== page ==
This study investigated whether German learners of English as a foreign language (EFL) acquire additional recoding strategies that they do not need for recoding in the consistent German orthography. Based on the psycholinguistic grain size theory (Ziegler & Goswami, 2005) we expected students with little experience in EFL to use the same small-grain recoding strategy as in German, while more advanced students were expected to switch flexibly between small and large grain size recoding strategies when reading English nonwords. German students in Grades 5, 7, and 9, as well as university students were presented with an experimental nonword reading paradigm introduced by Goswami, Ziegler, Dalton, and Schneider (2003) which assesses the effects of language (nonwords derived from German vs. English), orthographic neighborhood, item length and presentation format (blocked vs. mixed) on reading latencies and accuracies. The data were analyzed using hierarchical linear models. The youngest age group did not use larger units to read English nonwords, but mostly applied simple grapheme-phoneme translation, as they would in their first language. University students were able to switch flexibly between large- and small size recoding strategies.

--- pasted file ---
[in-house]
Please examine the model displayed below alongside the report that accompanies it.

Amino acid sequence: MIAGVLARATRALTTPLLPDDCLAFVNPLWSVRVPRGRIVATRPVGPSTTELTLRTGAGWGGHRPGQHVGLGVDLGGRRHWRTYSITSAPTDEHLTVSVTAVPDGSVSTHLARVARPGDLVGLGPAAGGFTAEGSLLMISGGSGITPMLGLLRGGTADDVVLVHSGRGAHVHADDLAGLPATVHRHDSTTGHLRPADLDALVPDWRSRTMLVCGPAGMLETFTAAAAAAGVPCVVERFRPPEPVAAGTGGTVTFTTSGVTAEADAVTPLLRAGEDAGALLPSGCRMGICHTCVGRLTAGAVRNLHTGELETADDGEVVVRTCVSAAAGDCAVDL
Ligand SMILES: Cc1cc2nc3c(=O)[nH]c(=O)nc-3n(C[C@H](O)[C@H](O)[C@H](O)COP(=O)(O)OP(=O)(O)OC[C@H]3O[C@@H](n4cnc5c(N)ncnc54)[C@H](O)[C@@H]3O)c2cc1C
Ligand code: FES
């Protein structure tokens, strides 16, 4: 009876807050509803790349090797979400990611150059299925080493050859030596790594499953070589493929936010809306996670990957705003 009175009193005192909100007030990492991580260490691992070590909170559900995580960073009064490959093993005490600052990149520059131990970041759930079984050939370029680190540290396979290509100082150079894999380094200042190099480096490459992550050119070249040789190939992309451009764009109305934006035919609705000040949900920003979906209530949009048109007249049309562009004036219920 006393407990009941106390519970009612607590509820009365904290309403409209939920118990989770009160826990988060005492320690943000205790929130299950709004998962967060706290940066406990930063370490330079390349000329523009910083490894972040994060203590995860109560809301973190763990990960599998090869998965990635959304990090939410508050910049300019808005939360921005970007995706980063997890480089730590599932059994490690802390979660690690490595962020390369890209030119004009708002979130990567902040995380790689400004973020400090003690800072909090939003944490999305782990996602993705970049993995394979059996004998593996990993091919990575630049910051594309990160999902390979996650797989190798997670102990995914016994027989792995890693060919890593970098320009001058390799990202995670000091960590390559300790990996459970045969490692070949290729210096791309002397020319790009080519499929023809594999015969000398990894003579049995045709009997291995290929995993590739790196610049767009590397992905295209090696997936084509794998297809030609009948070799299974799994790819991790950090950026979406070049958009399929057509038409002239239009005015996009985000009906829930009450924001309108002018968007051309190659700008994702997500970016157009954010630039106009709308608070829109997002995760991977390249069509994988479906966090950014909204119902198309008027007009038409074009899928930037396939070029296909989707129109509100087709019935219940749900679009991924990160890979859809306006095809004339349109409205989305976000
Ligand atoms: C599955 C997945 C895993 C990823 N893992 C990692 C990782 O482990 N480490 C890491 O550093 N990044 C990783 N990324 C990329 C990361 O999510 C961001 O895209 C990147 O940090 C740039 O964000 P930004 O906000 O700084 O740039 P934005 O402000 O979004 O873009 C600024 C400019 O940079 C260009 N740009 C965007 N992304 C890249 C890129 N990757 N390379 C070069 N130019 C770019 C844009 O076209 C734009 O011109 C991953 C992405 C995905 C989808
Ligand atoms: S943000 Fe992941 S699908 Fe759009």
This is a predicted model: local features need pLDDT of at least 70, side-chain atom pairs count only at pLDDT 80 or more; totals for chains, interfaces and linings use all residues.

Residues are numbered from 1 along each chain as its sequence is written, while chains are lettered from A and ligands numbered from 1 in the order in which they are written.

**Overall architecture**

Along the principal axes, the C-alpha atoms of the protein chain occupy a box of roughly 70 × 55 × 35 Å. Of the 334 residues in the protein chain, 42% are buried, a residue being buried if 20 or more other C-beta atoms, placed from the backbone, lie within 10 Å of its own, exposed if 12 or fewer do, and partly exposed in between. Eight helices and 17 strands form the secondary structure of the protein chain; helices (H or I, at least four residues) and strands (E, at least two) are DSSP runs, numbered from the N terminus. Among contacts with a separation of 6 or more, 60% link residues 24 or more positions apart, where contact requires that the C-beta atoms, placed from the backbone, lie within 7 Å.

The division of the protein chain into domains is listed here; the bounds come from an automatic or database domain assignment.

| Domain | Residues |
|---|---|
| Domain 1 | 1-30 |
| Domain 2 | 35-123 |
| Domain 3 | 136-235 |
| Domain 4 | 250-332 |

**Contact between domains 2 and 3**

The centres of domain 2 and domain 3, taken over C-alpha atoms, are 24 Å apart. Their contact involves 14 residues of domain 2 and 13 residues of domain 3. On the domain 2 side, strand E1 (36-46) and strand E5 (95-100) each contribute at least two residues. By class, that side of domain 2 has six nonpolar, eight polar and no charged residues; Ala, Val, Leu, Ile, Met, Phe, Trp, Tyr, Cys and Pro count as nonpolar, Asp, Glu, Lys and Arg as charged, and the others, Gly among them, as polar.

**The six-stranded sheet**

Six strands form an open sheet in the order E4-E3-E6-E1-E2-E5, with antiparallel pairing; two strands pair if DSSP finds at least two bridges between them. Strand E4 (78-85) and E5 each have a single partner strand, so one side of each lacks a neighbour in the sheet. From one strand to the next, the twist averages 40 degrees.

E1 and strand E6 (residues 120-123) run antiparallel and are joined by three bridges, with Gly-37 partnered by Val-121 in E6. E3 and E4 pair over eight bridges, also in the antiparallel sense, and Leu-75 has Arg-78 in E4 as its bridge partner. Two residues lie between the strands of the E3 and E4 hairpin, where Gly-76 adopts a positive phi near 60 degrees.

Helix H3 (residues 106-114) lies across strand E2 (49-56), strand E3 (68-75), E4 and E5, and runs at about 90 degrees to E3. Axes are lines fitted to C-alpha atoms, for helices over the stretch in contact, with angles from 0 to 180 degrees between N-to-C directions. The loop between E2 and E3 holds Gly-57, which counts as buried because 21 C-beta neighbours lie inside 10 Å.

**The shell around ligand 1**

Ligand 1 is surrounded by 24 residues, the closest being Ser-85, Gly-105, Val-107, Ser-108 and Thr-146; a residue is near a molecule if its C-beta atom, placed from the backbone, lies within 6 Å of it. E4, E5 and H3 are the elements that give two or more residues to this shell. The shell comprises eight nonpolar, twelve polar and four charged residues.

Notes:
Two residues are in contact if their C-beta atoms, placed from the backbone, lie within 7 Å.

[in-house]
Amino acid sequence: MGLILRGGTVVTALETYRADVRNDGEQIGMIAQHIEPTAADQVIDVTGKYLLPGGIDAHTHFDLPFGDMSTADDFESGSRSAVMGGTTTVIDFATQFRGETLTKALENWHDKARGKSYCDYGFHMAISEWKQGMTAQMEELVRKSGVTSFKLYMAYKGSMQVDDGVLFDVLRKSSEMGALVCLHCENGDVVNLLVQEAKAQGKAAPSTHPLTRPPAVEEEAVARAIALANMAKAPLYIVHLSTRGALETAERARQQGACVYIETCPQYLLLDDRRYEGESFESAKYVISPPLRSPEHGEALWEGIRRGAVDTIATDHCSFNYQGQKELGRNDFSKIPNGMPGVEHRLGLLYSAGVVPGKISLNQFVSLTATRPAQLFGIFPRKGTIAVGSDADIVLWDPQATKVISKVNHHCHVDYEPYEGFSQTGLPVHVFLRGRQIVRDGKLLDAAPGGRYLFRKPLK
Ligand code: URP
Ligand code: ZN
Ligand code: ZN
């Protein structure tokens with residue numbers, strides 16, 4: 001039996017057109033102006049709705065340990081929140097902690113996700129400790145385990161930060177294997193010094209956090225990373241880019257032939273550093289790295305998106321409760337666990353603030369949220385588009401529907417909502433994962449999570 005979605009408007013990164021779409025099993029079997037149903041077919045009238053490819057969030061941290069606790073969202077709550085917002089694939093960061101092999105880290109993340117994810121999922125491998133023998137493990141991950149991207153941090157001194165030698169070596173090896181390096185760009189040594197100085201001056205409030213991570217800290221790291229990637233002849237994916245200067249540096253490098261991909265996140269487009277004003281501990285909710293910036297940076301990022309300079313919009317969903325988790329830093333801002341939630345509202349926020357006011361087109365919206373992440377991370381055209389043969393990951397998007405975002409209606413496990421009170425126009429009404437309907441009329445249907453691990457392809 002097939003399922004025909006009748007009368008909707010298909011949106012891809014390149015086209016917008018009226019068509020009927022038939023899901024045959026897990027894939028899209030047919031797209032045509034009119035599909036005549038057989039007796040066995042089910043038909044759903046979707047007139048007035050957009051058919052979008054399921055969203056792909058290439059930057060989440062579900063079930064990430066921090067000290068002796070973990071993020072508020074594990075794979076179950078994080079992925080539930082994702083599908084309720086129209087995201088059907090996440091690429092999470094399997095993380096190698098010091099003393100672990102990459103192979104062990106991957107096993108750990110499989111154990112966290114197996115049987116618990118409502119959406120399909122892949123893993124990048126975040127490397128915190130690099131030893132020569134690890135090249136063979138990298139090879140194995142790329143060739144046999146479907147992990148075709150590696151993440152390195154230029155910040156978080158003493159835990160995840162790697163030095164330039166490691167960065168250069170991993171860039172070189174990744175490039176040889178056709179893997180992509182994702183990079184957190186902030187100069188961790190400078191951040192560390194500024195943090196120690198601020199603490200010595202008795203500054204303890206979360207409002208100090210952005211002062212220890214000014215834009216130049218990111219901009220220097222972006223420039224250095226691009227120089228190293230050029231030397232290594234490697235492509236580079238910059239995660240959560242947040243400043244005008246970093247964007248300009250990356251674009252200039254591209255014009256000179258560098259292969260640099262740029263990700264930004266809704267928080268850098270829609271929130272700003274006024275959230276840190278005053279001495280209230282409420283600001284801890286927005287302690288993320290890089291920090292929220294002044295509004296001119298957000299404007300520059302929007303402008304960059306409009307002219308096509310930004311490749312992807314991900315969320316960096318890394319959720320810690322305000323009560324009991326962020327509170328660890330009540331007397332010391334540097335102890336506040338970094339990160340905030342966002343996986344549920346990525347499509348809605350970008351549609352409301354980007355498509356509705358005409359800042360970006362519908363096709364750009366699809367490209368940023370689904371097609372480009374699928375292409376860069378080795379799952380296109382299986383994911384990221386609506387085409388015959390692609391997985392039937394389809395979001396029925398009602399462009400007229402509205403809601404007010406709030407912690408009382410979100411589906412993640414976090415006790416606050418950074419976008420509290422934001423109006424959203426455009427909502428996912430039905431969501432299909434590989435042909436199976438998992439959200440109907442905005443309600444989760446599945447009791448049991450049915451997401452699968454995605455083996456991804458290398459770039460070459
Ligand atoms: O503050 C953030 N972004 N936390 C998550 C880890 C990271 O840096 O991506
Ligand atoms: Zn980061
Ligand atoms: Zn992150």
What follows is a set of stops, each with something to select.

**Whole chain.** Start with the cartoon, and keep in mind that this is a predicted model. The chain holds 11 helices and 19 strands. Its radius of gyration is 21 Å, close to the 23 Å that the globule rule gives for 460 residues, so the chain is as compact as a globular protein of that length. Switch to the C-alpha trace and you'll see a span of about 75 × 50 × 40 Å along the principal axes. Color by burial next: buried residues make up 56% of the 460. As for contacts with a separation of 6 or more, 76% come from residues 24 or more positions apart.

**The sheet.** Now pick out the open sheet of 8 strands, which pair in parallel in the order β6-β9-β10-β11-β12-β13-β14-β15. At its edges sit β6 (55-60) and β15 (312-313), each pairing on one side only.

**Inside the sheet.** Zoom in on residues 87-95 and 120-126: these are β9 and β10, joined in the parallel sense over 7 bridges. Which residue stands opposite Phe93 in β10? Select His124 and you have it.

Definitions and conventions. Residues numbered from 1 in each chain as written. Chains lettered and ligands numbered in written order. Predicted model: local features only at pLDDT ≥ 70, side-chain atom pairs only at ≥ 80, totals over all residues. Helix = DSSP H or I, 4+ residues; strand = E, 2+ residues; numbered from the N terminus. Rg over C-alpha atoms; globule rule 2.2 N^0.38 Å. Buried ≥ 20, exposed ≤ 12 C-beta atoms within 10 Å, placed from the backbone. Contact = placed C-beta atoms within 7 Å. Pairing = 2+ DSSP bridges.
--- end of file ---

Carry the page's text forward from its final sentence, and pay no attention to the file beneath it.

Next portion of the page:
- English as a foreign language
- psycholinguistic grain size theory
- characteristics of orthography